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Help me out, guys, please. Just got my little red bug March 1st and have been having a blast getting the high mpg's. The current tankful is at 68.2mpg.

As part of the "normal" upgrades I wanted to change out the air filter for a better one, like the K&N. The other day I went to look at it to see how to make the swap, and it looks almost boobytrapped with all those extra things clipped onto the top cover of the air filter. On the left, there's that big one that looks like a springie thing you open with pliers.

How much stuff needs to be taken apart to change the air filter?
 

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I hear ya!
i had the same experience. in the end, i did not remove anything else. i had to pull and pry to get the top away from the bottom just enough to get the new filter in. i am probably being made fun of now by the others who figured out the right way.....
 

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The insight air filter is almost as large as the one used on Hondas with 3x more HP. So it's not likely "upgrading" to a K&N filter will increase the air flow in our case, but it is guaranteed to increase the contaminates at get into the engine.
 

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Guillermo wrote:
"upgrading" to a K&N filter will increase the air flow in our case, but it is guaranteed to increase the contaminates at get into the engine.
That statement is true is you install the filter dry, K&N filters are designed to be lightly oiled, it is the oil that traps the small particles that would get into the engine.

Any particles even small ones tend to keep going in a straight direction, and when they have to turn they don't do it very well, this is the reason filters are designed with pleats, not only to increase the area but to force the particles to stick to the oiled surface when they turn.

I installed a K&N on mine about 5 years ago, and it's still there, I've only washed it and oiled it a couple of times and still looks as good as new.

The stock filter is adequate for our cars, but if you are going to replace it and don't mind buying them then you should keep the stock filter.

It's only a matter of preference.
 

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I'm with Guillermo and CalPod.............3 yrs ago I tried the K&N filter, for about 30,000 miles. I had it properly installed, lightly oiled. It was OK, and did seem to give very slightly more airflow and acceleration. But I did not see any MPG gain as I was hoping. So now with my new Insight, I am just sticking with stock.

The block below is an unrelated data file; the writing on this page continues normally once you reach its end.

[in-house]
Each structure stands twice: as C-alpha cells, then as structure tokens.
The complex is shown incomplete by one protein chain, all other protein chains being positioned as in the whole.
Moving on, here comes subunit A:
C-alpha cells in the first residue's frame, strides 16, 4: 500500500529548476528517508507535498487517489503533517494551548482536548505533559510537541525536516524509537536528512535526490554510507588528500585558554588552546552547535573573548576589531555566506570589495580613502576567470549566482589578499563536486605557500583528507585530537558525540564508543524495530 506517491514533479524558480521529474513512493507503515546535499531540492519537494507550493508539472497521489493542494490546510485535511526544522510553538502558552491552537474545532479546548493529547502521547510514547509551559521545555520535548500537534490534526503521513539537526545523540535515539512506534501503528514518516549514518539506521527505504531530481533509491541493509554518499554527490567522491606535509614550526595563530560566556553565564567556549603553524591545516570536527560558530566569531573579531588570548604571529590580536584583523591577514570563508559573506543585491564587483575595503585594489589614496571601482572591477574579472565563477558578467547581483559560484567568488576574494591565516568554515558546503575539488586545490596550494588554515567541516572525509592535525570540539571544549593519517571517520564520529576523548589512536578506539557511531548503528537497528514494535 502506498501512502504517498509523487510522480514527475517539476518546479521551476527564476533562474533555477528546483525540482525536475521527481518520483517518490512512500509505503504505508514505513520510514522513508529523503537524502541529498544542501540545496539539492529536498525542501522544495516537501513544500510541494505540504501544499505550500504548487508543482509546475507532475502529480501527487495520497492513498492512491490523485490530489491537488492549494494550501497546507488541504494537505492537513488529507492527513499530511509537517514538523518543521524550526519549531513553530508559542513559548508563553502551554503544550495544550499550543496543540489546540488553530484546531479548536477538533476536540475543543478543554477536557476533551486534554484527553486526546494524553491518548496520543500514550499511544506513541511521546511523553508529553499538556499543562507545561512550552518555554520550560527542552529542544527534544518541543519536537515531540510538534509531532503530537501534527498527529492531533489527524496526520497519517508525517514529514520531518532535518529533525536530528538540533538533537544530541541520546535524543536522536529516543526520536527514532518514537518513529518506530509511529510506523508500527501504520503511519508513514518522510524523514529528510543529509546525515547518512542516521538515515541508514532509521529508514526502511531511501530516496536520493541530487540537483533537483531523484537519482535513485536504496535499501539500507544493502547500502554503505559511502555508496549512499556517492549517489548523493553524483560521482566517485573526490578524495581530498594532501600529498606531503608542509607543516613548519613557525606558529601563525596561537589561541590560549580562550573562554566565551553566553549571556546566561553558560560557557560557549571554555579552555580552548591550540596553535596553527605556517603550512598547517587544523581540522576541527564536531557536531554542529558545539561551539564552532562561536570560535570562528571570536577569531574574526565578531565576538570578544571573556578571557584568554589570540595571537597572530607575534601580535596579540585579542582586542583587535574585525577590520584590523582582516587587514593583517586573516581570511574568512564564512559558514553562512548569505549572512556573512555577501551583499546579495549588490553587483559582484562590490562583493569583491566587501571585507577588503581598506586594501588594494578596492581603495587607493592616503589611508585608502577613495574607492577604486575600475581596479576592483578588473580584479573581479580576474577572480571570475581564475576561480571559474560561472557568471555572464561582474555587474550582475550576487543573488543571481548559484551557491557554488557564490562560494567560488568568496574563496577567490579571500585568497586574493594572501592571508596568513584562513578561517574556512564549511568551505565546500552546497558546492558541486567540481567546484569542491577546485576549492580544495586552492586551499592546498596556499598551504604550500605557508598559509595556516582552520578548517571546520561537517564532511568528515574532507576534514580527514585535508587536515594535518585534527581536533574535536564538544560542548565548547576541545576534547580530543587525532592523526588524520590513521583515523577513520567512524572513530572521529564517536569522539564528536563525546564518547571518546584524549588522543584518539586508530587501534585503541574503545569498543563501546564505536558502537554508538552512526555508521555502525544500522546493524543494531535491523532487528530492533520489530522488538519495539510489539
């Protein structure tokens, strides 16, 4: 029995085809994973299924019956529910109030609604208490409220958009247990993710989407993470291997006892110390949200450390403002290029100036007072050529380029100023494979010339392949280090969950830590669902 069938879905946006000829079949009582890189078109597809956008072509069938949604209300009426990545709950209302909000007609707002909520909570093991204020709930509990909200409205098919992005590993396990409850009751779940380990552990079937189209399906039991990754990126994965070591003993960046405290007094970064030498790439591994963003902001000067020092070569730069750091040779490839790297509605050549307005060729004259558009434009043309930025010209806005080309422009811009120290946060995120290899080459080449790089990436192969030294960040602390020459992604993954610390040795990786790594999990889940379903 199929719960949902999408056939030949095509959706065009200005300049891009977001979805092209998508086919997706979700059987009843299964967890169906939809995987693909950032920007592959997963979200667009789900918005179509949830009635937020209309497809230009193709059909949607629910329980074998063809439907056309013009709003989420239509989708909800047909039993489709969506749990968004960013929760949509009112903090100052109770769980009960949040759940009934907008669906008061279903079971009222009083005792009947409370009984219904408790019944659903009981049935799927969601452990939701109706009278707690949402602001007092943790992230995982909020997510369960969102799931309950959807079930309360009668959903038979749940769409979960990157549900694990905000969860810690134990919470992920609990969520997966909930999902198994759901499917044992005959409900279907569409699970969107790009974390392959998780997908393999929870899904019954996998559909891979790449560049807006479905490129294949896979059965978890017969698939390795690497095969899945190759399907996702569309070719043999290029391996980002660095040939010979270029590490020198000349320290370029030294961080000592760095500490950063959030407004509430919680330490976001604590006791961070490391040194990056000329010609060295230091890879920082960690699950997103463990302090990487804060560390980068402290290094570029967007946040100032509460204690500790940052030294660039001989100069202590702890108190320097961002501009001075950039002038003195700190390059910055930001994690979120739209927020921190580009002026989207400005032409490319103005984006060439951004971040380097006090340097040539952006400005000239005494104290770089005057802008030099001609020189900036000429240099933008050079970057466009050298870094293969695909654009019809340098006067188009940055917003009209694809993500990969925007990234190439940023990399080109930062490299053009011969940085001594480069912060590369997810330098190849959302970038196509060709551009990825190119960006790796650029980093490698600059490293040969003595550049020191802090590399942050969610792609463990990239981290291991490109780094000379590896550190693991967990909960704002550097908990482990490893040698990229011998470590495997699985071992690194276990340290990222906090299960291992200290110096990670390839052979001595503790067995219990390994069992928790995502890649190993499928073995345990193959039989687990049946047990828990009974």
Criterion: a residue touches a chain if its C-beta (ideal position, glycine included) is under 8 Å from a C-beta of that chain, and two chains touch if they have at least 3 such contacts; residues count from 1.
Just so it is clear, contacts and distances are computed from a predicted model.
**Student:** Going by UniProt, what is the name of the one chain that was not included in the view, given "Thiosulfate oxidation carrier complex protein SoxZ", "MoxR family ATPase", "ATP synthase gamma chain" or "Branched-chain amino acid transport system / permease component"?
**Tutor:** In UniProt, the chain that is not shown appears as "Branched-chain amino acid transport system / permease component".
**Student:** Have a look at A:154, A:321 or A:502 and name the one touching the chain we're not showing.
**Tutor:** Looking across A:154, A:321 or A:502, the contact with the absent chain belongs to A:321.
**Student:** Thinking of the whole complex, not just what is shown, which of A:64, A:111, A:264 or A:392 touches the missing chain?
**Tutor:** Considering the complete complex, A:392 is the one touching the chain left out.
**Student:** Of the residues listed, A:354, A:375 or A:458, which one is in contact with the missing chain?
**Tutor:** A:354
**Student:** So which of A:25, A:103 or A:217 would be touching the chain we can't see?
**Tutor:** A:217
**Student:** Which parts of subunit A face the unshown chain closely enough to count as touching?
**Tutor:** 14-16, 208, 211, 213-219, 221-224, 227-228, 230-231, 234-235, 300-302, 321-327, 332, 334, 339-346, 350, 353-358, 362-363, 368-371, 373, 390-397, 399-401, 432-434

For Redbug; it's easy, just practice it a few time. Just unfasten the clips on the air box, and pull the box apart and slide the filter out. I do this every 2 weeks or so for cleaning, and carefully blowing out the filter with compressed air.
 

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Calpod said:
K&N filters are designed to be lightly oiled, it is the oil that traps the small particles that would get into the engine.
Actually washable filters like the K&N rely on an initial layer of dust to trap fine particles from passing through. The base dust is an important part of the filter. The oil is there so a layer of dust will stick to the filter that has holes larger then the dust. The K&N lets in the most contaminents when it is new and just after it's been washed even after it's lightly oiled. If you study the oil analysis forums they can show you lots of proof. I learned a lot about air filters in my previous job because i was the engineer responsible to choosing the air filter size and type for off road heavy equipment (among many other things). The worst thing to do is to clean or replace the air filter more often then neccessary. Every time the filter is removed contaminents are introduced to the engine. Industrial machines have pressure sensors to determine when it's time to clean/replace the air filter. This is the best method. Visually inspecting the air filter to determine if it needs to be replaced is not acurate because all filters are designed to function with a layer of dust on them, that's normal.

Don't worry the K&N filter will not kill your engine right away, but the chances the engine will need to be rebuild before it reaches 300,000 miles will increase significantly.

A race car is designed for maximize performance while sacrificing it's lifespan that's what filters like this are designed to do.
Some people don't want to keep their cars a very long time so their choice makes sense. Most people feel a difference because they want to feel a difference. Testing has shown these filters can make a slight difference in some cars but not all of them.
 

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K&N filters do not clean the air as well as the original Paper filters provided by Honda.

Do NOT use them.
 
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